On the other hand, the person who undertook to produce similar results by food and training alone, without allowing selection to have any part in the process, would have to act in a very different manner. He would first divide his horses into two lots as nearly as possible identical in all points, and thereafter subject the one lot to daily exercise in drawing loads at a slow pace, the other lot to equally constant exercise in running, and he might also supply them with different kinds of food if he thought it calculated to aid in producing the required effect. In each successive generation he must make no selection of the swiftest or the strongest, but must either keep the whole progeny of each lot, or carefully choose an average sample of each to be again subjected to the same discipline. It is quite certain that the very different kinds of exercise would have some effect on the individuals so trained, enlarging and strengthening a different set of muscles in each, and if this effect were transmitted to the offspring, then there ought to be in this case also a steady advance toward the racer and the cart-horse type. Such an experiment, however, has never been tried, and we can not therefore say positively what would be the result; but those who accept the theory of the non-heredity of acquired characters would predict with confidence that after thirty or forty generations of training without selection, the last two lots of colts would have made little or no advance toward the two types required, but would be practically indistinguishable.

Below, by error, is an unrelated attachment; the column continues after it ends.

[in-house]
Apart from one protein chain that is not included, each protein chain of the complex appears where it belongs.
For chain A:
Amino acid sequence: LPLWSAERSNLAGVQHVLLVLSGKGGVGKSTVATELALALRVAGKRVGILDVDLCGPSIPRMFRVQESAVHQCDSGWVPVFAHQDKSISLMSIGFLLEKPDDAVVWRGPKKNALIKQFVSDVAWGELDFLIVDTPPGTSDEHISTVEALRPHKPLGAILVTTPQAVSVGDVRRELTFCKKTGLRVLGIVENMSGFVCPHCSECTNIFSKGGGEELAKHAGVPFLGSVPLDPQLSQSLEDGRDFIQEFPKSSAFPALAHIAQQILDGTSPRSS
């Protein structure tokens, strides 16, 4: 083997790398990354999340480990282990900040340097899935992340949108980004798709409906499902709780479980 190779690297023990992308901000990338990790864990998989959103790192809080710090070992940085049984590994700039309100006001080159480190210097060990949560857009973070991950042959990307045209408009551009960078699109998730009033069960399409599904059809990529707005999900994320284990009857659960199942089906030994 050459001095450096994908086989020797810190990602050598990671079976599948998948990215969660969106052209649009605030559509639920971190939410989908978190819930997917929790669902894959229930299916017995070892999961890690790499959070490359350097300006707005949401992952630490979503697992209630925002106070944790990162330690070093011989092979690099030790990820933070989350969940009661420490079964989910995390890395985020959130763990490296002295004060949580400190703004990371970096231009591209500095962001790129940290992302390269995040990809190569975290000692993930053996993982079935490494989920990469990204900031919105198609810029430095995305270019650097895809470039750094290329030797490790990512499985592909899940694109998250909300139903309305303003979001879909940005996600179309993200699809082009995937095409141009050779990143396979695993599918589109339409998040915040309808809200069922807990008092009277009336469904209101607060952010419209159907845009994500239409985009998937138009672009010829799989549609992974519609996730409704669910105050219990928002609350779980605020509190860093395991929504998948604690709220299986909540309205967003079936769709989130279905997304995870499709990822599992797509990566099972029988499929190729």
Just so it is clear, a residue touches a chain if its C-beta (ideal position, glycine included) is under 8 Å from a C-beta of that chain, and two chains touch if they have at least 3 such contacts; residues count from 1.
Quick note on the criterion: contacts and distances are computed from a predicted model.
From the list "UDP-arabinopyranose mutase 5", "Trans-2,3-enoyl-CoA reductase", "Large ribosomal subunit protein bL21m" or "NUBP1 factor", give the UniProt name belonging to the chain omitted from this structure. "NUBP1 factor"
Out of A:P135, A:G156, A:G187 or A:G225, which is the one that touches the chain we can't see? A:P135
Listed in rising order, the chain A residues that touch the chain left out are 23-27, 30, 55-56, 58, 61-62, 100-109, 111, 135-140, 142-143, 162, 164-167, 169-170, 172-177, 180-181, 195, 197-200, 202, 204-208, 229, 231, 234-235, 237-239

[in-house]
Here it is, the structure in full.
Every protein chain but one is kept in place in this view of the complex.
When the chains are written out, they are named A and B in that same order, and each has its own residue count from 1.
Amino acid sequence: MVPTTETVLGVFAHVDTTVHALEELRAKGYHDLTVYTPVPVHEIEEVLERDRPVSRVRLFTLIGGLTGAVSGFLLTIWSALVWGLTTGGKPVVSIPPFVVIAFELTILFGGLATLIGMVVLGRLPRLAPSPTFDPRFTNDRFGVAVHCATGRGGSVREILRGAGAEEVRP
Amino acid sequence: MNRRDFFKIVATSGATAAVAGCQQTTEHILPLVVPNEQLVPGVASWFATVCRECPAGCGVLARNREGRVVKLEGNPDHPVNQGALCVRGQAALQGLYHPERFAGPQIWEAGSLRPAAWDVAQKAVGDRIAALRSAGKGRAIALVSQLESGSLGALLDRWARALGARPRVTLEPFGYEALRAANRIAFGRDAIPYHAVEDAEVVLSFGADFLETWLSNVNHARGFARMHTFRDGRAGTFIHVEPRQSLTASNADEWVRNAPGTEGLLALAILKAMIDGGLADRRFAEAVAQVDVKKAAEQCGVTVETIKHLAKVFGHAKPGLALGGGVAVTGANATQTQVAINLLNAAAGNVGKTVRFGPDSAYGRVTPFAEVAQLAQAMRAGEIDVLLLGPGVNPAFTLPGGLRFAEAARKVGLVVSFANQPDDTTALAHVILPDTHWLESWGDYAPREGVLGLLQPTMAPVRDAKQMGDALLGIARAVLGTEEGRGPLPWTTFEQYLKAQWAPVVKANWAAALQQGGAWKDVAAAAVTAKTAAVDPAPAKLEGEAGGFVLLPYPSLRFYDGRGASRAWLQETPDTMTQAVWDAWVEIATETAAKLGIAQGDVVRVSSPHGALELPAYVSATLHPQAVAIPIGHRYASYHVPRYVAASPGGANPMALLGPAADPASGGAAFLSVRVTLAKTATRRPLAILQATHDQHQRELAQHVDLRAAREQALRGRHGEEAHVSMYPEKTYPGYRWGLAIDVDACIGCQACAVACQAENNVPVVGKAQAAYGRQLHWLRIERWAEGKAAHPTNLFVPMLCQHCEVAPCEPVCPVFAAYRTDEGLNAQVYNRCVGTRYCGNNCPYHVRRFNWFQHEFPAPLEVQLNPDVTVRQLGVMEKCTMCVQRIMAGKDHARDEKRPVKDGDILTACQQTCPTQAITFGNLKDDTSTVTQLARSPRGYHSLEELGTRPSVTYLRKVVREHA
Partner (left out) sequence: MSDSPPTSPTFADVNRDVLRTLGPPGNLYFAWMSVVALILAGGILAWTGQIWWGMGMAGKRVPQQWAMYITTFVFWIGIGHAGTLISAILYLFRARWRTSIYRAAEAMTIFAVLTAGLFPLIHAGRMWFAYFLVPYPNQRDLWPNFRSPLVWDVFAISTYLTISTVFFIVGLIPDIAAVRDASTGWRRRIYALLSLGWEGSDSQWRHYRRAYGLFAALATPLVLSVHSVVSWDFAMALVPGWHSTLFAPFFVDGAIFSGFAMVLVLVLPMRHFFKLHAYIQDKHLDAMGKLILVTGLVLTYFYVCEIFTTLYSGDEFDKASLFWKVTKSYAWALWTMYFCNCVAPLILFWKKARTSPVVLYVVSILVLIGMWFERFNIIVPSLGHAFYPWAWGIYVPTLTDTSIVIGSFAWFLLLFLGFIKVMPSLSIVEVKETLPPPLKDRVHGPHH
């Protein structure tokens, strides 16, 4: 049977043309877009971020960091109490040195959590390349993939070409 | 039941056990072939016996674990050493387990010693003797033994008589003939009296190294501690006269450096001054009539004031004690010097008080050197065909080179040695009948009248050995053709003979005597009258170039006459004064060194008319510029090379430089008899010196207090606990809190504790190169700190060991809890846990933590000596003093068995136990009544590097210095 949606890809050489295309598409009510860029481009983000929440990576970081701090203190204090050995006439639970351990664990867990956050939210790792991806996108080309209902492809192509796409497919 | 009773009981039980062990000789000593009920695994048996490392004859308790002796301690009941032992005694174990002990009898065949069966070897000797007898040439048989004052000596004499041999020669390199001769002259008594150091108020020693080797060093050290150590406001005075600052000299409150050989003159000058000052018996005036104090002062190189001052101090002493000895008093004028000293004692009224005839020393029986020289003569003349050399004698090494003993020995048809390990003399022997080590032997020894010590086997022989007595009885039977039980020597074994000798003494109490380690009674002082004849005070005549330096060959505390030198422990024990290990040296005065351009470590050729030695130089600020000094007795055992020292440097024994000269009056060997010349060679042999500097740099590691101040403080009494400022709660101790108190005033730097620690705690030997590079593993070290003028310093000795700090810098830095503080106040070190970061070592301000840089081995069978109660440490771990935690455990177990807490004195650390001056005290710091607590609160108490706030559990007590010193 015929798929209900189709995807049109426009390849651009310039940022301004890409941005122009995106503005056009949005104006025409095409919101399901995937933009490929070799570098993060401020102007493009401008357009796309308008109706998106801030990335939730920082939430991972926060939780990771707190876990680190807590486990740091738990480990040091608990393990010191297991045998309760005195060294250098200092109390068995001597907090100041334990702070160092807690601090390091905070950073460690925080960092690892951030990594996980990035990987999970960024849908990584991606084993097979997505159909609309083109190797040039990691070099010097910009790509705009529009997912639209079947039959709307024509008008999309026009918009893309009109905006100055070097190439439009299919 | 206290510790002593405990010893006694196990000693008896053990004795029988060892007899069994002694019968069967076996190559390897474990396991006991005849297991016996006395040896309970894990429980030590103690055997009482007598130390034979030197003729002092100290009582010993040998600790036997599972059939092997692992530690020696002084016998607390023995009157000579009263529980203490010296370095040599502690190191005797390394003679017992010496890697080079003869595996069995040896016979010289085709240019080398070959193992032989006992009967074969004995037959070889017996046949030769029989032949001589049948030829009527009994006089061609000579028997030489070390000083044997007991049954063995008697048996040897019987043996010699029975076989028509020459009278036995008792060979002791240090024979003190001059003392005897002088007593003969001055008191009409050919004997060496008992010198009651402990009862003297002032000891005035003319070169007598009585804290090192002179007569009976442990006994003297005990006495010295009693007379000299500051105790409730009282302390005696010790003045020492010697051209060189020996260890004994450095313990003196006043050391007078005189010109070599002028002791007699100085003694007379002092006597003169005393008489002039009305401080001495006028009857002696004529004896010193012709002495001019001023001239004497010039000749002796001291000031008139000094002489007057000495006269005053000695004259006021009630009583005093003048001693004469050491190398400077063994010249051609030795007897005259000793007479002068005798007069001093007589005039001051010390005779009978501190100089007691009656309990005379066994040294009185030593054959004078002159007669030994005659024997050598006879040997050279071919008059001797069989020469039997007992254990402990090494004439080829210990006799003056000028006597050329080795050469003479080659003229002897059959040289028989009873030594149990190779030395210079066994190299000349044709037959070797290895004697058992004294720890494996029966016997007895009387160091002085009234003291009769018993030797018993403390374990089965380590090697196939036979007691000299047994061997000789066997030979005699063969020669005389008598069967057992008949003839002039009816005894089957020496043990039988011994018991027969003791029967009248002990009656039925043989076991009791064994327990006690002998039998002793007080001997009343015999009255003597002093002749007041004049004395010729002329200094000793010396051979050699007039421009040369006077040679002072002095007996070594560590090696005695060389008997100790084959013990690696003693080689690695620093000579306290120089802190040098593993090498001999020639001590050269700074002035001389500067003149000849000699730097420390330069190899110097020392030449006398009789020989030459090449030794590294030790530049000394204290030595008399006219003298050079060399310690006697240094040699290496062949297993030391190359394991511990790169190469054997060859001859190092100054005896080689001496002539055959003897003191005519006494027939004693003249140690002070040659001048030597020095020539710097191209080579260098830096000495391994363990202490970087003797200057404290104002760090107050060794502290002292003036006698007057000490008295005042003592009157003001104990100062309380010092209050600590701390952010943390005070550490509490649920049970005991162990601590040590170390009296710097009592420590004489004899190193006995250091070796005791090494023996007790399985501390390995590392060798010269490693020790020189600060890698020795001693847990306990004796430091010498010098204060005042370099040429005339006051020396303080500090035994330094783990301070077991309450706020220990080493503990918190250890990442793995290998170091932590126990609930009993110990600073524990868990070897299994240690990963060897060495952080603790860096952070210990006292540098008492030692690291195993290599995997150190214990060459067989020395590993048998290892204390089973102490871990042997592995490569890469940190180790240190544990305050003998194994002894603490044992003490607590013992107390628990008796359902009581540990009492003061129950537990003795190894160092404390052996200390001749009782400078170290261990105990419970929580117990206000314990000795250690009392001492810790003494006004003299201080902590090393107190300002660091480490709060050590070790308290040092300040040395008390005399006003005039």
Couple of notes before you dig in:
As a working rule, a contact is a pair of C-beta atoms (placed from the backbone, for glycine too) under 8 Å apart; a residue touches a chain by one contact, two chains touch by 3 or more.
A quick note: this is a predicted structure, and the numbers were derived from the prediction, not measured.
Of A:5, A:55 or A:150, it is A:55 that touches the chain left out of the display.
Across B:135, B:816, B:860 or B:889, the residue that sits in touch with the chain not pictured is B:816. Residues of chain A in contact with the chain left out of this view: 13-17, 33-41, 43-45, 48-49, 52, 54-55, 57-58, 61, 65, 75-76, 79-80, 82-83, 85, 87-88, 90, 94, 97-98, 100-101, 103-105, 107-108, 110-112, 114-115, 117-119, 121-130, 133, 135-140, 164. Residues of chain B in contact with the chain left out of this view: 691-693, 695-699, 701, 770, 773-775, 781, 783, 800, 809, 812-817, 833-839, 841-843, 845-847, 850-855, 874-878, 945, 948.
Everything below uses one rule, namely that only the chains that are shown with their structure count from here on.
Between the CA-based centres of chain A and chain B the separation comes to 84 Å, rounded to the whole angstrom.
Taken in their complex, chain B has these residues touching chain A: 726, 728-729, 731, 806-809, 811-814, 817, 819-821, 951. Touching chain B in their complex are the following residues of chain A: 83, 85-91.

It is exceedingly difficult to find any actual cases to illustrate this point, since either natural or artificial selection has almost always been present. The apparent effects of disuse in causing the diminution of certain organs, such as the reduced wings of some birds in oceanic islands and the very small or aborted eyes of some of the animals inhabiting extensive caverns, can be as well explained by the withdrawal of the cumulative agency of natural selection and by economy of growth, as by the direct effects of disuse. The following facts, however, seem to show that special skill derived from practice, when continued for several generations, is not inherited, and does not therefore tend to increase. The wonderful skill of most of the North American Indians in following a trail by indications quite imperceptible to the ordinary European has been dwelt upon by many writers, but it is now admitted that the white trappers equal and often excel them, though these trappers have in almost every case acquired their skill in a comparatively short period, without any of the inherited experience which might belong to the Indian. Again, for many generations a considerable portion of the male population of Switzerland have practiced rifle-shooting as a national sport, yet in international contests they show no marked superiority over our riflemen, who are, in a large proportion, the sons of men who never handled a gun, Another case is afforded by the upper classes of this country, who for many generations have been educated at the universities, and have had their classical and mathematical abilities developed to the fullest extent by rivalry for honors. Yet now, that for some years these institutions have been opened to dissenters whose parents usually for many generations have had no such training, it is found that these dissenters carry off their full share or even more than their share of honors. We thus see that the theory of the non-heredity of acquired characters, whether physical or mental, is supported by a considerable number of facts, while few if any are directly opposed to it. We therefore propose to neglect the influence of education and habit as possible factors in the improvement of our race, and to confine our argument entirely to the possibility of improvement by some form of selection.*